To win in this final week:
A – a framed promotional art work for The Stranger House
B – a signed hardback of Midnight Fugue
C – 1 of 5 packs of random Reginald Hill novels in paperback.
All you have to do:
Leave a comment here or email us at crimewritingmonth at gmail dot com. Open worldwide.
The draw will take place on Saturday 14 July at 22:00 and in the order A, B then C. Please state if you have a specific preference for the draw, i.e. ‘A only’ etc, ‘A and C’ etc, or ‘all’.
Many thanks again to HarperCollins, UK, for the prizes.
Winners for both this competition and competition #2 will be announced on Saturday 14 July at 22:30.
By Val McDermid
When Reginald Hill died in January, I lost a friend, a colleague and a hero. It’s hard for a writer to be completely aware of their influences; it’s often easier for readers and critics to see what we’ve absorbed and reflected back from the books we’ve been drawn to. But I can point to a handful of writers whose work in one way or another helped to shape me. Reg was one of those.
I can still remember the delight of discovering Dalziel and Pascoe in A Clubbable Woman. It was one of those Grafton paperbacks with the uninspiring covers. I was in the café of the Royal Exchange Theatre in Manchester where I used to hide from my newsroom colleagues so I could read instead of drink during my lunch break.
As I read, I realised I was smiling. But not because of the sly wit that permeates Reg’s writing. I was smiling because I had in my hands that rare thing – a crime novel that demonstrated that it’s possible to write a detective novel in good prose. Well-made sentences, felicitous choices of words, and the ability to create deft shifts of mood all revealed a level of literary craft that was unusual in British crime fiction back in the mid 80s.
For me, a fledgling crime writer struggling with her first novel, it set the bar high. And as Reg developed his skills through an impressive series of novels, he continued to provide me with a target to aim at. I always felt he was several steps ahead of me, and as well as enjoying his work, I learned from each of his novels. How to mislead the reader. How to draw on other writers’ work to enrich my own. Not to be afraid to invest real emotion in the work. How to allow characters to carry the weight of their past. To have the courage to be complicated. Continue reading
*Updated 10 July*
Apologies, but due to unforeseen circumstances we had to take a break with the posts. The schedule will resume on Tuesday 10 July, revised as follows:
Fri 29 June (postponed to Wed 11 July 09:30) #fridayreads COMPETITION #3
Sat 30 June A Few Themes and Elements in Reginald Hill’s Dalziel and Pascoe Series
Tues 10 July 09:30 In appreciation of Reginald Hill by Val McDermid
Wed 11 July 09:30 COMPETITION #3 and 14:00 Reginald Hill: the central dynamic by Stephen Booth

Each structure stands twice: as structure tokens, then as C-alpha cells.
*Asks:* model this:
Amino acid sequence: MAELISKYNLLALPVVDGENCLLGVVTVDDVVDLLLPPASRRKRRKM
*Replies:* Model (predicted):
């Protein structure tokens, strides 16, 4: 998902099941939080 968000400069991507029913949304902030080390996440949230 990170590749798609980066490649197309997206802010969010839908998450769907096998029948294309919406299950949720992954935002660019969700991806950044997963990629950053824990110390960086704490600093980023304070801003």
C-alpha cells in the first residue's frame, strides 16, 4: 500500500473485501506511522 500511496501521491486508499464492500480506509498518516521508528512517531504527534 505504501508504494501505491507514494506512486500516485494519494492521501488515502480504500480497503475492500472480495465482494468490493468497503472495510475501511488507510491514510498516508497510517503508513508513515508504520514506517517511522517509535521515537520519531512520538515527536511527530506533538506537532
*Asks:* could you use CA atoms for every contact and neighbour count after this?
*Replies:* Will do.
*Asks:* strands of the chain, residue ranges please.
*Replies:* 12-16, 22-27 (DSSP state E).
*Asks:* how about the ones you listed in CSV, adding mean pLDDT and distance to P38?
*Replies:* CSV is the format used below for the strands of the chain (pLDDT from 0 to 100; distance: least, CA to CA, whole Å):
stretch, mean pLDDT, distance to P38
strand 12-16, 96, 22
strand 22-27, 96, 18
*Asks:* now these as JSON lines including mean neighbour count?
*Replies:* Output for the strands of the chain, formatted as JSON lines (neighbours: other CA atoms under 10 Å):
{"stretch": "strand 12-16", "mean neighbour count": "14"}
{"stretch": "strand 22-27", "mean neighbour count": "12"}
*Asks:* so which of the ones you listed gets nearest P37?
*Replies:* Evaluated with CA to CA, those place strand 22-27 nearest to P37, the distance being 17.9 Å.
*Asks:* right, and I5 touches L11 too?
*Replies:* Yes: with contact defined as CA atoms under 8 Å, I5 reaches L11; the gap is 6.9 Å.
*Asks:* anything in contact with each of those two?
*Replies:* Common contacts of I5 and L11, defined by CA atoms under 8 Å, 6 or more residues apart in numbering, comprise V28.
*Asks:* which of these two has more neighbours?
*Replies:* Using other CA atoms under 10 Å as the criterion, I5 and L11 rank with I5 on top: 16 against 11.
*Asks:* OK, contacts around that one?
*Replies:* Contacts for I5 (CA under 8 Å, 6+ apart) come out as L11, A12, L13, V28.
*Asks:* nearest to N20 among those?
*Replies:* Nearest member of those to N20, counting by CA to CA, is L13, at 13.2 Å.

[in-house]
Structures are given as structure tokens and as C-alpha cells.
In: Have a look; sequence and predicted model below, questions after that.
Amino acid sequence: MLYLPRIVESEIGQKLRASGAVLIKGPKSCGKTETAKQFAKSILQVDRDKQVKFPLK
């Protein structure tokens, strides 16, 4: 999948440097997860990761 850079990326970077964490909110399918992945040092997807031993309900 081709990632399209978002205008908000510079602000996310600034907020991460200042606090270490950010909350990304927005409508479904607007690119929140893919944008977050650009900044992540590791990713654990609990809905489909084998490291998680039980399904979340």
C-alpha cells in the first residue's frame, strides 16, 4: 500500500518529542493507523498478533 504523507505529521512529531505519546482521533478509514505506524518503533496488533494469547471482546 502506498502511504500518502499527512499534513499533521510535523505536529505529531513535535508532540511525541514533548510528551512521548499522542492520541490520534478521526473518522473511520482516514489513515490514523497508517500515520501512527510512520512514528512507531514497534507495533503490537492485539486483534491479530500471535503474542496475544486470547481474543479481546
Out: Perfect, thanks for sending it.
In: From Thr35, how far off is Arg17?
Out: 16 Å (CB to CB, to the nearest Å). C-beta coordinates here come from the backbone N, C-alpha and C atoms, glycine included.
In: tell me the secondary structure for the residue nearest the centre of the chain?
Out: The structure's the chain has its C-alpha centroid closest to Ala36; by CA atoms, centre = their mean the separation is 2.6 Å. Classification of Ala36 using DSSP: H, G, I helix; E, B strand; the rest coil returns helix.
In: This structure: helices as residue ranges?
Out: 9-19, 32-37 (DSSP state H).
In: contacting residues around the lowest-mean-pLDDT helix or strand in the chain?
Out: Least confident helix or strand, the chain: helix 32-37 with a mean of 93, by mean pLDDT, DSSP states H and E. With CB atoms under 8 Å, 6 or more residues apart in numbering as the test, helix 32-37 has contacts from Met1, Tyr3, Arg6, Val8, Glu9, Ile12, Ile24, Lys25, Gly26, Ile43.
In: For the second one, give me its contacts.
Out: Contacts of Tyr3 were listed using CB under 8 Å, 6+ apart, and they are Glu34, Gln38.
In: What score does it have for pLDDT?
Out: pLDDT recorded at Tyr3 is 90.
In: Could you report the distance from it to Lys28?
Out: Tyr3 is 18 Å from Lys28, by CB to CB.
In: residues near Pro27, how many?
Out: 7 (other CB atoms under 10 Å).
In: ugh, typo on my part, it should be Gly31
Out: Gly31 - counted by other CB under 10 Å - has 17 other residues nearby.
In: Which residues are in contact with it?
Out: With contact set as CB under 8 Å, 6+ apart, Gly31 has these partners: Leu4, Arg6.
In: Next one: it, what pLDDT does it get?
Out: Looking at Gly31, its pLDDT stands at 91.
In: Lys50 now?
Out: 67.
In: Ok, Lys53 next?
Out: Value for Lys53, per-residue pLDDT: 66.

Thurs 12 July 14:00 Dalziel and Pascoe: The TV Series
Fri 13 July 09:30 Personal memories from Julia Wisdom
Sat 14 July 22:30 Final competition results
Sun 15 July 09:30 Closing thanks and comments
Sadly, we have also received news that Iwan Morelius, our contributor on Friday 8 June, died suddenly on 21 June. Janet Rudolph has more information here. Our condolences to his family, friends and colleagues.
By Margot Kinberg of Confessions of a Mystery Novelist… from the USA.
Reginald Hill’s Dalziel and Pascoe novels are justly regarded as one of crime fiction’s truly fine series. Beyond the fact that they’re well-written (which they are) and have well-developed characters (which they do) and solid mysteries (which they also do), these are novels rich with layers and themes. Little wonder at all that they’ve been called literary as well as crime novels. Space doesn’t permit a thorough examination of all of the themes and elements there are in this series. Hopefully a quick look at just a few themes and elements will convince you to see for yourself what I mean if you don’t know already.
One of the themes that run through several of the Dalziel/Pascoe novels is the connection between the past and the present. For example, An Advancement of Learning is the story of the murder of Alison Girling, former president of Holm-Coultram College. Five years before the events in the novel she disappeared and was assumed killed in a freak avalanche. When her body is discovered actually on the campus grounds, Dalziel and Pascoe are called in to investigate. While they’re investigating, student Anita Sewell is murdered. Then there’s another murder. The two detectives then have to find out what the connection is between the past murder and the two recent murders. Continue reading
Review by Rob Kitchin of The View From the Blue House, from Ireland
Review of Midnight Fugue by Reginald Hill (2009, HarperCollins)
In Mid-Yorkshire, Detective Superintendent Andy Dalziel is not quite himself, still easing himself back into work after being hospitalised by a terrorist bomb. His Monday morning starts badly when, seemingly late for work, he discovers that it’s actually Sunday. To make matters worse he’s been followed by a woman chasing a ghost – her former copper husband who disappeared seven years previously after the death of their daughter and accusations he was on the take. She in turn is being followed by a sister and brother pairing, sent to dispose of the rogue cop before he turns against the criminal he served. That criminal is Goldie Gidman, who started running rackets, progressed into the money markets of London’s square mile, and is now a major conservative party funder. His son is a MP and a rising star of the party. Both are being hounded by a tabloid journalist, the nephew of a cop who failed to corner Gidman for the murder of a local Polish businessman. A recent picture of the rogue cop, taken in Yorkshire, has been sent to his former wife and she wants Dalziel to help find him so she can get divorced and marry one of his former colleagues, one of Dalziel’s old copper mates. So starts a sixteen hour swirl of drama and farce. Continue reading